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An arrest, a release and a chance to serve

New opportunities arise for church is South Sudan to serve others through education.

Almost 200 soldiers rushed into a church-operated school and clinic in the South Sudanese village of Parajok and arrested its director, said members of the Mt. Juliet Church of Christ in Tennessee, which sponsors the clinic.

The soldiers were searching for rebels from the Nuer tribe in the midst of the country’s civil war.

John JockThey arrested John Jock, a Nuer and a registered nurse, due to his ethnicity.

Because of his reputation, however, Jock’s arrest was followed immediately by protests from the chief of Parajok and village leaders. The soldiers released Jock three hours after his arrest.

Days later, members of the Mt. Juliet church arrived in Parajok to help oversee the construction of a new facility for the clinic and a maternity ward.

No other conflicts have occurred since the incident, said Don Humphrey, director of The Sudan Project, a ministry of the Mt. Juliet church that supports the clinic, a preacher-training school and other workers in Parajok.


One in every 10 babies — and one out of every seven mothers — dies in childbirth, Humphrey told The Christian Chronicle. When completed, the maternity ward will be the only one available for women in Parajok and its neighboring communities.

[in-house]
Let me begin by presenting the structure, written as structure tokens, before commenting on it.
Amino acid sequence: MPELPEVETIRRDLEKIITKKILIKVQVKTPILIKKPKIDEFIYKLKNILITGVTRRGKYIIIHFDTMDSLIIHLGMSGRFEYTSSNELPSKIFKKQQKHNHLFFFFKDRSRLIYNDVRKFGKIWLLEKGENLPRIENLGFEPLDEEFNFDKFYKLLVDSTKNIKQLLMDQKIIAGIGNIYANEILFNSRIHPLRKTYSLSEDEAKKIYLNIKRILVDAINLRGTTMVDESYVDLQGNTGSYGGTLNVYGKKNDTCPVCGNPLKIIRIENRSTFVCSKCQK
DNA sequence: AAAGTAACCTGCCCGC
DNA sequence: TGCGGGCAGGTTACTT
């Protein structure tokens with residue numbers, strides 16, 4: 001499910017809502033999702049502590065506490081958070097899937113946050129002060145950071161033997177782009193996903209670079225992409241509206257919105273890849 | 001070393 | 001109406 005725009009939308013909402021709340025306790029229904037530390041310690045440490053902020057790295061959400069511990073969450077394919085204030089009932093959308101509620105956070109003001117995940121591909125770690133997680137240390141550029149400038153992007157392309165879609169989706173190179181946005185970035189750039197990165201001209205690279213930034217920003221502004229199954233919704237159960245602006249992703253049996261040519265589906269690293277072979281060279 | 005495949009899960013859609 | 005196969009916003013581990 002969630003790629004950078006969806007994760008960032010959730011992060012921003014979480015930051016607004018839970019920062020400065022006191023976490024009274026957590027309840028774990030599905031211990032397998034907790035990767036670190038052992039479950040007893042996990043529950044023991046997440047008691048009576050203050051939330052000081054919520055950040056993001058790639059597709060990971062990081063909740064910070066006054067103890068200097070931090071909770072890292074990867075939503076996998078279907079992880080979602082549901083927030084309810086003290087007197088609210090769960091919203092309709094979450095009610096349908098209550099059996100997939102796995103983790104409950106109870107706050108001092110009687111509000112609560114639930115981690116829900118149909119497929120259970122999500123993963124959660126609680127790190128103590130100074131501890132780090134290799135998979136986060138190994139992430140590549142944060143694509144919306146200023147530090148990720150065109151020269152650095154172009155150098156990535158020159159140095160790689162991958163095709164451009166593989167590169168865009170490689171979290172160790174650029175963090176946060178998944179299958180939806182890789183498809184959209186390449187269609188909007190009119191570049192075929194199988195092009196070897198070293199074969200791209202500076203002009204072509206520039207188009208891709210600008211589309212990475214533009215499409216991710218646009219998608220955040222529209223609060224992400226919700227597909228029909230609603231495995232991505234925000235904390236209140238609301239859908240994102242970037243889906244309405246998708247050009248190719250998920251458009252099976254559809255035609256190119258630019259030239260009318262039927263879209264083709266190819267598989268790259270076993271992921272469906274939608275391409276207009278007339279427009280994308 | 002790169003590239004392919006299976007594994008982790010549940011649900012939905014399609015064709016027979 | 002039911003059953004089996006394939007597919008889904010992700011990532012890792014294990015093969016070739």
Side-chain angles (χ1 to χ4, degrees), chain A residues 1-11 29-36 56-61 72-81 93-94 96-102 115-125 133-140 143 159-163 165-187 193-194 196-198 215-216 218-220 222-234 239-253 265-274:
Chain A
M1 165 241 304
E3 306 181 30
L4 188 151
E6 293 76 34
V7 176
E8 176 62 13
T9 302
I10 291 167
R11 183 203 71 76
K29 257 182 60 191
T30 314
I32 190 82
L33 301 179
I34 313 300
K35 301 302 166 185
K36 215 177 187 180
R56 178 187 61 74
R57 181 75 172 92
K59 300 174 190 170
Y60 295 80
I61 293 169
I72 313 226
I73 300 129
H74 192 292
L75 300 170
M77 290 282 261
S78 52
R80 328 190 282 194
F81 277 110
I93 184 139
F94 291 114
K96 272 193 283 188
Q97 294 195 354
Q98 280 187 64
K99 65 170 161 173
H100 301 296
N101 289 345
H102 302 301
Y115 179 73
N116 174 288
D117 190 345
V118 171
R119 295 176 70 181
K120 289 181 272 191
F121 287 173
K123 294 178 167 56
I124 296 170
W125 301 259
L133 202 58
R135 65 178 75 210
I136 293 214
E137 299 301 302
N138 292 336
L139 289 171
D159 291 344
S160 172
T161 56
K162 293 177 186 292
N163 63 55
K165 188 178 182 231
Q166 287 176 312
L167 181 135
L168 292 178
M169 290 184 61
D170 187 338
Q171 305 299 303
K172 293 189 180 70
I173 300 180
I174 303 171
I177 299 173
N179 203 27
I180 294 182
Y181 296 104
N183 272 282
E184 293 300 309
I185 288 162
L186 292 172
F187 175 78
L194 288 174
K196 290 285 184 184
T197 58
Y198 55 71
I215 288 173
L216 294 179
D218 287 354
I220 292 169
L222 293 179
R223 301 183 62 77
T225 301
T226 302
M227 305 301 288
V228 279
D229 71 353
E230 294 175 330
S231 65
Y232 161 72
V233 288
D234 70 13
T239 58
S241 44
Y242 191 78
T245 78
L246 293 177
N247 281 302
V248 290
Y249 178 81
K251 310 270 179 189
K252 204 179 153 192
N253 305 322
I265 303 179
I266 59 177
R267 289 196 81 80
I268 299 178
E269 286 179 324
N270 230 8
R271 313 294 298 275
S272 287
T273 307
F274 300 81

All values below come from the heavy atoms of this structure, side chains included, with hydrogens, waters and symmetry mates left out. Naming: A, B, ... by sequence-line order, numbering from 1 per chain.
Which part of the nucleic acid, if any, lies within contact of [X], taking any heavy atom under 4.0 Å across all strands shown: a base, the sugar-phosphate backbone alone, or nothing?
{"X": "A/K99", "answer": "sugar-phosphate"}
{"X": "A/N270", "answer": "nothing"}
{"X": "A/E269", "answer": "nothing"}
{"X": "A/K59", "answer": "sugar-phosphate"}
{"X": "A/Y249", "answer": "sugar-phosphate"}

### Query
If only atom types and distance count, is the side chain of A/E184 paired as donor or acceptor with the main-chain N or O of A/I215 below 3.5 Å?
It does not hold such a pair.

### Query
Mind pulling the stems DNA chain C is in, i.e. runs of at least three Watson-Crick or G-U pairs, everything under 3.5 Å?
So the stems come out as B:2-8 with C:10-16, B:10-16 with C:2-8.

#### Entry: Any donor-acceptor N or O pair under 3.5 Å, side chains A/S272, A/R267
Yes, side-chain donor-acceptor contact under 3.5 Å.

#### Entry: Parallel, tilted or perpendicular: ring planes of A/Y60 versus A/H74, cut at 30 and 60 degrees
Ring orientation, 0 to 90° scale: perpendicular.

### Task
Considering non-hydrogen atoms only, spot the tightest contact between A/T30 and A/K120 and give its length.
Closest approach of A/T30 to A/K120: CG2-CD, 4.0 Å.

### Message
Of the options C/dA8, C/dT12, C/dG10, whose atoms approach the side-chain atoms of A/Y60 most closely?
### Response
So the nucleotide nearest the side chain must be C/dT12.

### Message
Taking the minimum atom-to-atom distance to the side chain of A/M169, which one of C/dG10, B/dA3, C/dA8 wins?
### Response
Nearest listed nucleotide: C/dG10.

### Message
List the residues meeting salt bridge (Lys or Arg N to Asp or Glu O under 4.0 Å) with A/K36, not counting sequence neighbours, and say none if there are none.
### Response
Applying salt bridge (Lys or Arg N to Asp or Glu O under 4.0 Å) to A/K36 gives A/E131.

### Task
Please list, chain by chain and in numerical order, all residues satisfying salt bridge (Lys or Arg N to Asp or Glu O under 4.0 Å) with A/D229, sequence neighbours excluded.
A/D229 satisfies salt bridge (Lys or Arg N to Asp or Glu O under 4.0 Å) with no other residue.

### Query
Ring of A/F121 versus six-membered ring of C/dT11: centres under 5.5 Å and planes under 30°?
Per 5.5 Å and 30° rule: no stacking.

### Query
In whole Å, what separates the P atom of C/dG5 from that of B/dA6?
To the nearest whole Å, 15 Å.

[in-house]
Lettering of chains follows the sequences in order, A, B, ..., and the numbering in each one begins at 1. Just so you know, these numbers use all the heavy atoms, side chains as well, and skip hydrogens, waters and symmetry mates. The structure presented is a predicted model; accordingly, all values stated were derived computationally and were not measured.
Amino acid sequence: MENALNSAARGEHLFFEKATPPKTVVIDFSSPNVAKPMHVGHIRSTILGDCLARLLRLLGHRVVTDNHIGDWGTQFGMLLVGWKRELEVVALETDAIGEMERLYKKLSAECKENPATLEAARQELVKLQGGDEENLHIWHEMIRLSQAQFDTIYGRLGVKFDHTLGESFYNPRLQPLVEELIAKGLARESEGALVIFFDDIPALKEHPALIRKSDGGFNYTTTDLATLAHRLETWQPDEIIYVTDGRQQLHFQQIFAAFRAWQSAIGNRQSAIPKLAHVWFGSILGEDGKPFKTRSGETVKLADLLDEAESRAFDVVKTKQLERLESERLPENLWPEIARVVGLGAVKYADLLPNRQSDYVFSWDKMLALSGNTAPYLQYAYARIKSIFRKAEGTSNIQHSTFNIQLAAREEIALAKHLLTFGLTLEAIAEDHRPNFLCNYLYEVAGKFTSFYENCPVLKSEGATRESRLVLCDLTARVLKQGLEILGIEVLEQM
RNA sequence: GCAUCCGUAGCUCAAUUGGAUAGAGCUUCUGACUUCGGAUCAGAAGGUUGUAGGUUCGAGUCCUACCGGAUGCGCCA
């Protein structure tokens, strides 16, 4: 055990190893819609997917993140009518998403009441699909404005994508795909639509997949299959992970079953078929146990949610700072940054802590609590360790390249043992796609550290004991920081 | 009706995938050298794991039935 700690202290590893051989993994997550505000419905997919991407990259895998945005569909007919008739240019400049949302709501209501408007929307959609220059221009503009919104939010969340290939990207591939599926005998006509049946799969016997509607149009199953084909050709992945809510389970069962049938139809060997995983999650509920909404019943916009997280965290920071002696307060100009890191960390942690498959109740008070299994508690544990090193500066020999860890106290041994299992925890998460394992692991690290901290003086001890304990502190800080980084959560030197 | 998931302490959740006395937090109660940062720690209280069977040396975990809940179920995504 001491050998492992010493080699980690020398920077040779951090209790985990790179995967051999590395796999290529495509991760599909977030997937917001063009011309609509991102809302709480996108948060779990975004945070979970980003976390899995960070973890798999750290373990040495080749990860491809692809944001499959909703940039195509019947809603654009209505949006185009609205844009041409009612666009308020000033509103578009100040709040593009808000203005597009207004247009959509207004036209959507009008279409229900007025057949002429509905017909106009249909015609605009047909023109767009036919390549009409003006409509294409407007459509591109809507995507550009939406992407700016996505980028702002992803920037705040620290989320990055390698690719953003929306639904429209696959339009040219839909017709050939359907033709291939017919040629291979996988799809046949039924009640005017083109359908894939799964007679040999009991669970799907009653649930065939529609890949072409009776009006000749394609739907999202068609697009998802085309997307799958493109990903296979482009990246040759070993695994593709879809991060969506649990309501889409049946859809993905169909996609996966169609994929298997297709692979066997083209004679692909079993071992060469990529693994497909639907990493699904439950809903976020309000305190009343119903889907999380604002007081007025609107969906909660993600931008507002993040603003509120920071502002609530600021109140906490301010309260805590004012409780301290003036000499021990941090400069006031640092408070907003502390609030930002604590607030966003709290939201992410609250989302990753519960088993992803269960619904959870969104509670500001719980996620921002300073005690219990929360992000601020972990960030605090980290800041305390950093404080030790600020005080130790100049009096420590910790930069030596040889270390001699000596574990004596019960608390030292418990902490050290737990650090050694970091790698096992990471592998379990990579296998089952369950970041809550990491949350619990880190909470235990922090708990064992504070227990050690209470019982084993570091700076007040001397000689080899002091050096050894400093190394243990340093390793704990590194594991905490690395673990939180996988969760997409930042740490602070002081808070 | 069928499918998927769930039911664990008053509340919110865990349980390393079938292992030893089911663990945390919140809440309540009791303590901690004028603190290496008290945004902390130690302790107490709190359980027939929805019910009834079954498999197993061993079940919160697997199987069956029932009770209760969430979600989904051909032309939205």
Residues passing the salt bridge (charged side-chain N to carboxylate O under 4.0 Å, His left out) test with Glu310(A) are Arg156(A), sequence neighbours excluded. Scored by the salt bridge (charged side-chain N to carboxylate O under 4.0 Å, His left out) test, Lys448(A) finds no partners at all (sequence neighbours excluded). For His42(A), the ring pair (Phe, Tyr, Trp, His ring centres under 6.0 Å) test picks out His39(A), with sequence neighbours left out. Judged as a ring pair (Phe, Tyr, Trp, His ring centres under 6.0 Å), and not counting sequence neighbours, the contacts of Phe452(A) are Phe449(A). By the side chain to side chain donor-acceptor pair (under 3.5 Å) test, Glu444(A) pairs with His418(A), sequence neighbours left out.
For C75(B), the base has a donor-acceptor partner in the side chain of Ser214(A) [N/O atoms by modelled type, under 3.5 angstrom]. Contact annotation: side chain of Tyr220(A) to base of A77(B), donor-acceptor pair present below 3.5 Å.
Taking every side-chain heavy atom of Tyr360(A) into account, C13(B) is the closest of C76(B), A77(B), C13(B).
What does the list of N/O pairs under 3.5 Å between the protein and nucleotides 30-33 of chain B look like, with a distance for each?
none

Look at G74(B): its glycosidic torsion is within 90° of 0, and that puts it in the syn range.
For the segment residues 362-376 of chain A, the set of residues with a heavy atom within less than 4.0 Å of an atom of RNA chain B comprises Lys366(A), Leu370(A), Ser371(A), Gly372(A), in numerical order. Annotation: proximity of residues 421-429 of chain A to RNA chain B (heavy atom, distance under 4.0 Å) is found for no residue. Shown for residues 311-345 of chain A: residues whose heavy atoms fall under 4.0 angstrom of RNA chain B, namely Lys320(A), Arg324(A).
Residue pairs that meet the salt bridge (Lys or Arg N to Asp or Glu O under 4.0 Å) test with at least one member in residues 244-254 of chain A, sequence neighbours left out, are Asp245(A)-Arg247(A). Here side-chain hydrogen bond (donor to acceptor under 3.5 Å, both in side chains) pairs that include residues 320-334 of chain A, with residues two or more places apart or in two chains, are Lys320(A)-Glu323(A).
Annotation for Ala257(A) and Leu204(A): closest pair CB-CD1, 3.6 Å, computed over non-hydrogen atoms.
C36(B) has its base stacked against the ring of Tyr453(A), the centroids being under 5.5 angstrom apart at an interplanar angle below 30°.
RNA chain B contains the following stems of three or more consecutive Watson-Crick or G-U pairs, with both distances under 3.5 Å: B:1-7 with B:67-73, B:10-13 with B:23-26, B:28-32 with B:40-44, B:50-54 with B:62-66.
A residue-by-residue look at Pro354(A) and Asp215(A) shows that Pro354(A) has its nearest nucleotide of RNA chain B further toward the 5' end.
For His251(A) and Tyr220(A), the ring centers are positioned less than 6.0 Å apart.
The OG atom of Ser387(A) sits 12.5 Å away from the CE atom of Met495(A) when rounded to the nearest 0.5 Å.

In addition to providing much-needed medicine to Parajok, The Sudan Project has the opportunity to oversee a secondary school, Humphrey said. The school, formally run by the community and the South Sudanese government, struggles from a lack of funds and inadequate staffing. Local officials approached The Sudan Project about taking oversight of the school and introducing a Christian curriculum.

“It’s a tremendous opportunity,” Humphrey said, “to impact the entire community and improve the Church of Christ image … We have a very good reputation here.”

Humphrey seeks congregations and church members to provide funds and staffing for the school, which includes three buildings on a 40-acre campus.
As peace deals and a power-sharing agreement lessen tensions in South Sudan, approaching its fourth anniversary as an independent nation, education is vital for the country’s future, Humphrey said.

The school “is the only one in the area from a town 40 miles away to the Ugandan border,” he said, adding that the school could grow to serve 1,000 students in Parajok, which has grown to 60,000 souls since independence.

Filed under: International

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